I once had to leave a dance because I knew I would wind up spending the entire night dancing with beginners who were just taught the wrong basic.
     
  18. liangjz

    liangjz New Member

    Now that you guys mention it, there actually are a bunch of performances and stuff that show up at parties. Pro performances are fine if the pros are good, but that's rare. Much more common are the pro-am or am performances that interrupt the dance. Sometimes they can drag on for 20-40 minutes. Now that I think about it, the difference between these performances and asking people to leave the dance floor so their "special" students can dance is very small. There is a matter of poor wording though. What macha described is still quite ruder even if it is ultimately the same inconvinience of being forced off the dance floor.


    Someone mentioned birthday dance. (Though I think what I'm talking about differs from what was mentioned)

    In my experience, it's convention at ballroom and non-ballroom dances that the birthday boy/girl gets to be the center of attention for a song or two (depending on how many friends are around) While everyone else just lines up to dance with them.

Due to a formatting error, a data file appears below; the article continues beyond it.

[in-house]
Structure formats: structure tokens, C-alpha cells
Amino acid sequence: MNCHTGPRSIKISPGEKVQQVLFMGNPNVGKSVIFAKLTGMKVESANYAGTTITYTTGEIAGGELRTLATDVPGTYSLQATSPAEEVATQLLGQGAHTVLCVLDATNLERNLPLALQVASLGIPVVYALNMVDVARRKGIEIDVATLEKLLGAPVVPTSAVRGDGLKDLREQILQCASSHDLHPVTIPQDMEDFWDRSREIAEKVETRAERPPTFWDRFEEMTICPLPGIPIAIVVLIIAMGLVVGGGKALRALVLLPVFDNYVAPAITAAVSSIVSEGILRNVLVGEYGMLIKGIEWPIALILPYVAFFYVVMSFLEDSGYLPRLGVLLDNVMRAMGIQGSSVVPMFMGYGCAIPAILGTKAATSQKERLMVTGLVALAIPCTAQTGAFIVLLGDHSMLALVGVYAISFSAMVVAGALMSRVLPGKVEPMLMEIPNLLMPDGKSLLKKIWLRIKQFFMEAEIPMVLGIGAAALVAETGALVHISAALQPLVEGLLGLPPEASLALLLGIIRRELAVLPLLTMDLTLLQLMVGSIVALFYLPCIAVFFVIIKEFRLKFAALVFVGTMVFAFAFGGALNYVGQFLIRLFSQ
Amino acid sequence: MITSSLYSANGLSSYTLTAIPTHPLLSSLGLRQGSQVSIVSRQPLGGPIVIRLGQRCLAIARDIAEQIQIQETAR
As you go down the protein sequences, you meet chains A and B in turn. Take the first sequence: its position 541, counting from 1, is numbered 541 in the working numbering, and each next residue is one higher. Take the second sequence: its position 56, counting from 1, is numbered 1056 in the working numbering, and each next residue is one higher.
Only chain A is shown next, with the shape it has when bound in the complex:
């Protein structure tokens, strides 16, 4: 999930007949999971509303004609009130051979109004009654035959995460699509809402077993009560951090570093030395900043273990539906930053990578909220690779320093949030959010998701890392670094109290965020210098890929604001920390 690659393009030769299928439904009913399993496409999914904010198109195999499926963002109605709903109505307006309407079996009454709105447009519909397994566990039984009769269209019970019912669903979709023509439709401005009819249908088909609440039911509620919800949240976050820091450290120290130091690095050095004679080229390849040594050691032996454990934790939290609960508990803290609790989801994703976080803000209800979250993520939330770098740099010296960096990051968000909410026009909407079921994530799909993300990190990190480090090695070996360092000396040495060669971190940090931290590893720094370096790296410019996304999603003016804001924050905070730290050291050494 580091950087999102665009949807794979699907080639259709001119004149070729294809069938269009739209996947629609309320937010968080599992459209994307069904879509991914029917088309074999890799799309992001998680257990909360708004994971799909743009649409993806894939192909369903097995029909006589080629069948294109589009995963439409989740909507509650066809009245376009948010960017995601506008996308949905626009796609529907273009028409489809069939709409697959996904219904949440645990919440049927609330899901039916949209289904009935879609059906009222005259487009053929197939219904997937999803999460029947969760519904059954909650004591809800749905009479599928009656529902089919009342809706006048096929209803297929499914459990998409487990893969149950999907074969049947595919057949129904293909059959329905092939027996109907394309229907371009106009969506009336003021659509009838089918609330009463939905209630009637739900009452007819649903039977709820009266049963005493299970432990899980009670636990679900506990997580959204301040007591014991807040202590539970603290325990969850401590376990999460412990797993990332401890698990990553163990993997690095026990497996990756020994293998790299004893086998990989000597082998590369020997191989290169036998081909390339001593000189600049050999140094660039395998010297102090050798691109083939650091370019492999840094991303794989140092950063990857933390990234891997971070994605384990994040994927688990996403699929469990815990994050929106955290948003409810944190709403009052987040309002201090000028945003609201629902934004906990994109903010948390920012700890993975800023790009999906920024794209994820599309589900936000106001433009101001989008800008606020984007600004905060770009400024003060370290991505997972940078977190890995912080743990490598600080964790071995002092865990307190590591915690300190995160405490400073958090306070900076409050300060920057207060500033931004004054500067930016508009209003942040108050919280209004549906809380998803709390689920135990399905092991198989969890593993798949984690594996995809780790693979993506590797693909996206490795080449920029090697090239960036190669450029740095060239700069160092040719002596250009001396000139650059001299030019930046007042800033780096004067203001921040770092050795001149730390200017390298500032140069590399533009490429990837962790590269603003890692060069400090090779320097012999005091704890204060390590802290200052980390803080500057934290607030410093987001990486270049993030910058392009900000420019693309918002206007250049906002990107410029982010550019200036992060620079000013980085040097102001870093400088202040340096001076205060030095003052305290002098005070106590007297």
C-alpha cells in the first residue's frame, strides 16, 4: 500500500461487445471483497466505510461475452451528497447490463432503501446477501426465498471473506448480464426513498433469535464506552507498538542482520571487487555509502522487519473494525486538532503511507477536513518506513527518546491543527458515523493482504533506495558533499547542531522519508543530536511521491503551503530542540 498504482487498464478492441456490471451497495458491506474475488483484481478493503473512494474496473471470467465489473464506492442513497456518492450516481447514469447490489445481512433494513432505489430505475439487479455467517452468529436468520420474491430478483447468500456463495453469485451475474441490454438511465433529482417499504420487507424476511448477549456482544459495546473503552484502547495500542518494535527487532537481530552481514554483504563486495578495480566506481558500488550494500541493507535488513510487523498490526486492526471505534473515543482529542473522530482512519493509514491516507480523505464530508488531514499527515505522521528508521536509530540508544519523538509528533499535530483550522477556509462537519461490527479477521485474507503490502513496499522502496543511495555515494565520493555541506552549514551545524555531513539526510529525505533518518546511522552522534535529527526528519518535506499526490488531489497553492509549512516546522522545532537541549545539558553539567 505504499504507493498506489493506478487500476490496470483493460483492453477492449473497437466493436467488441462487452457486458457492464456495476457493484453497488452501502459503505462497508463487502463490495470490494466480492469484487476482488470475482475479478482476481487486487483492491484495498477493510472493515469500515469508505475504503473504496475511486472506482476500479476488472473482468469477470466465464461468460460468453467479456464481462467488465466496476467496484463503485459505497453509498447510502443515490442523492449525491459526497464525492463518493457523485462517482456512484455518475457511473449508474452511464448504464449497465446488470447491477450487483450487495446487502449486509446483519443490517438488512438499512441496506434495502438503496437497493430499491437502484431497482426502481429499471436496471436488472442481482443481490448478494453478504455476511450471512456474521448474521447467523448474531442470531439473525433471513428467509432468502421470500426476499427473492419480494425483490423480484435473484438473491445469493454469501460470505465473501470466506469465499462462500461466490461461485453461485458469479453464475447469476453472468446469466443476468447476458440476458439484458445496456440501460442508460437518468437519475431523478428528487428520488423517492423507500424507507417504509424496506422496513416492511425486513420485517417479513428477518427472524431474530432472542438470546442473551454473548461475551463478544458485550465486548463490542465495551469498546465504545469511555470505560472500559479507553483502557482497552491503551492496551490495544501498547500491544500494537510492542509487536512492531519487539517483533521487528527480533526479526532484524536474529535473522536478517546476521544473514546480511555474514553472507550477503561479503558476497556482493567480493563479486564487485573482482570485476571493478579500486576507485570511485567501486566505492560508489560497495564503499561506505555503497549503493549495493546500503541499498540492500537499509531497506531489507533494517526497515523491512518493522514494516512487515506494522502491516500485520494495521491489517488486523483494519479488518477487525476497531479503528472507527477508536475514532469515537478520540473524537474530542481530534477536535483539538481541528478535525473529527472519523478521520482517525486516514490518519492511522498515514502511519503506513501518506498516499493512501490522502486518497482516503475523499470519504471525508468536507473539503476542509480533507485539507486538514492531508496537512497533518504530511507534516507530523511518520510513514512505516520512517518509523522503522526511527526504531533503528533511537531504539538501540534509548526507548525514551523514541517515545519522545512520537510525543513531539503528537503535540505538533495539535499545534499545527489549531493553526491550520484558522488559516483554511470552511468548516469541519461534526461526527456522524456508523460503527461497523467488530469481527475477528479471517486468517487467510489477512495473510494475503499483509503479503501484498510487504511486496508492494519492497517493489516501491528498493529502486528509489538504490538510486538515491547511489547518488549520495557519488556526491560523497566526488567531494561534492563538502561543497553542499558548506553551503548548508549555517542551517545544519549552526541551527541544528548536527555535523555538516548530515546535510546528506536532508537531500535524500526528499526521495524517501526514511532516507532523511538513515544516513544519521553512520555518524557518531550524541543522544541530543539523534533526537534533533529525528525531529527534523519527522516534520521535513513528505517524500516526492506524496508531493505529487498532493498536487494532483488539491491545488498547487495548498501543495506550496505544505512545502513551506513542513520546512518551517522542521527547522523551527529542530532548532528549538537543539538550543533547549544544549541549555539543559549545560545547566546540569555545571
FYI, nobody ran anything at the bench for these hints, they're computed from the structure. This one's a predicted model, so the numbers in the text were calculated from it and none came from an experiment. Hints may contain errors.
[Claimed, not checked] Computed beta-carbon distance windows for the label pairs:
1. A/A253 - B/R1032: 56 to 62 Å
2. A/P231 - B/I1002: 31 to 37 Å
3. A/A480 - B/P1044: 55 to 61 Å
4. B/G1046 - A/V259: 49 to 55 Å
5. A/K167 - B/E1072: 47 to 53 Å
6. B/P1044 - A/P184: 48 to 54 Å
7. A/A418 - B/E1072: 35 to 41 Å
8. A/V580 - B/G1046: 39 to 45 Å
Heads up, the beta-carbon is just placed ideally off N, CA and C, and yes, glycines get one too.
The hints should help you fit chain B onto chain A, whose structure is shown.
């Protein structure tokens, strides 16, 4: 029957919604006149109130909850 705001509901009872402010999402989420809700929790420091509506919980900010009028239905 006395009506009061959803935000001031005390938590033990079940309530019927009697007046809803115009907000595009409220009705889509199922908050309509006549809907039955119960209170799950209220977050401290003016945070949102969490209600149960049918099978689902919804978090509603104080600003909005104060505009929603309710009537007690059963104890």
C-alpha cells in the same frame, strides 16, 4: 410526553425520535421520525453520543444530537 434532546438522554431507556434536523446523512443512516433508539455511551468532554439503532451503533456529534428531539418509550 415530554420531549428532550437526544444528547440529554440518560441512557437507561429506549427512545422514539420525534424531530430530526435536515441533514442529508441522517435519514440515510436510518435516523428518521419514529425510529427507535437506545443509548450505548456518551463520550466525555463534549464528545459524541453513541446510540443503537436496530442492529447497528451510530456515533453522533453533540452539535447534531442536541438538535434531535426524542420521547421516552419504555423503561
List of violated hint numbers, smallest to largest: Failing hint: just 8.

Even if I don't know the person, I think it's fine because I see it as analogous to when they make birthday announcements are restaurants.
     
  19. lynn

    lynn New Member

    hmm, i was taught either one-two-three-cha-cha-cha," or "cha-cha-cha-two-three" - either way, the cha-cha-cha is on the 4&1, but makes me wonder what beat do we start on??
     
  20. liangjz

    liangjz New Member

    I can't recall exactly how I was originally taught for American style, but I think we always started on the one.

    I think all of my Int style instructors have taught starting movement on the one with the two being the first full power step for a syllabus opening.

    Now that I think about it, I think my open routines all started that way too. Why break the habit?